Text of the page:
Sixth, I am very pleased that we launched this fall two new extra-curricular programs: First robotics in both the middle and upper schools, and Science Olympiad in the upper school.  These are opportunities for students in an engaging and competitive fashion to strengthen scientific knowledge and innovative skills.  Research has found that students participating in robotics clubs are twice as likely to major in science or engineering as comparable students in a control group.

Finally, we have adopted a new slogan or motto for St. Gregory—Creating Leaders and Innovators for the 21st century—and are developing new programs to support it. This change was made by the unanimous decision of our Board of Trustees in September.   We have not changed our mission, which is still to challenge students to excellence in character, scholarship, and leadership, but we think the new slogan captures the energetic forward movement of our program and better conveys what we are accomplishing, and what we aim to achieve ever more effectively, for our students. You will begin to see this new slogan more and more prominently.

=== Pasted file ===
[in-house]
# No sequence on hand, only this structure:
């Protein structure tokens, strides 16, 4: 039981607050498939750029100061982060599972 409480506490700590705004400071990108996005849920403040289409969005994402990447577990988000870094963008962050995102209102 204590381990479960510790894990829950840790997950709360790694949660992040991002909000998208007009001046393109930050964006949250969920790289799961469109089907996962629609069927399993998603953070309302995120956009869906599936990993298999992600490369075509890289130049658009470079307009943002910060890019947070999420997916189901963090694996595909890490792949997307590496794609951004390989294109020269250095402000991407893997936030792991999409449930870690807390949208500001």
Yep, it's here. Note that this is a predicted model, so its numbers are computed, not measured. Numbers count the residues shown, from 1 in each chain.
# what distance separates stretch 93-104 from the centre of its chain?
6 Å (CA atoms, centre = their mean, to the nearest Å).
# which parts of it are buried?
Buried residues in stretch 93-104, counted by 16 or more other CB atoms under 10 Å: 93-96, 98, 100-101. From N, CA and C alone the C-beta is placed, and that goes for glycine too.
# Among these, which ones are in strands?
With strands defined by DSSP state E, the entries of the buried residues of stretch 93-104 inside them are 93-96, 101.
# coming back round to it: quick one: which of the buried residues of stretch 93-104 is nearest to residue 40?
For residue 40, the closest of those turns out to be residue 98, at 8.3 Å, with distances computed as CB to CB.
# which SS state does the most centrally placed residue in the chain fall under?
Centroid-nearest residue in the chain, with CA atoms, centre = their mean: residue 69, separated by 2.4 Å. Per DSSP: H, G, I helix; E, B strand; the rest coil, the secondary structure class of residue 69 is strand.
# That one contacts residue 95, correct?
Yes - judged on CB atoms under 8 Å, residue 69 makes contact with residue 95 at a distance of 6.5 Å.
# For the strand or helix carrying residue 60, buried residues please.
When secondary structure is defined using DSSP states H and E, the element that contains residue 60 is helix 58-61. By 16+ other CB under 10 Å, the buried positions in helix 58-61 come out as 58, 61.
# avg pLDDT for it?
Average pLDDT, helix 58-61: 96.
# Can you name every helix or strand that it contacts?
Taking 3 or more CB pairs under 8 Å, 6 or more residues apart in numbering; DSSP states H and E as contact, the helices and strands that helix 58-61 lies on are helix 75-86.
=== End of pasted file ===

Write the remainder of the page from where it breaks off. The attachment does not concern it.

A majority of employers surveyed in 2006 reported that their new employees are deficient in leadership skills, and another report found that “controlling for cognitive skills, those who occupied leadership positions in high school earn more as adults, varying from 4 to 18% depending on definitions.” As for innovation, a major national commission found that “academic knowledge and skills, applied literacies, and critical thinking [though essential!] will not be sufficient for the US to maintain its competitive edge in the global economy.  ‘The crucial new factor, the one that alone can justify higher wagers in this country than in other countries with similar levels of cognitive skills, is creativity and innovation.’”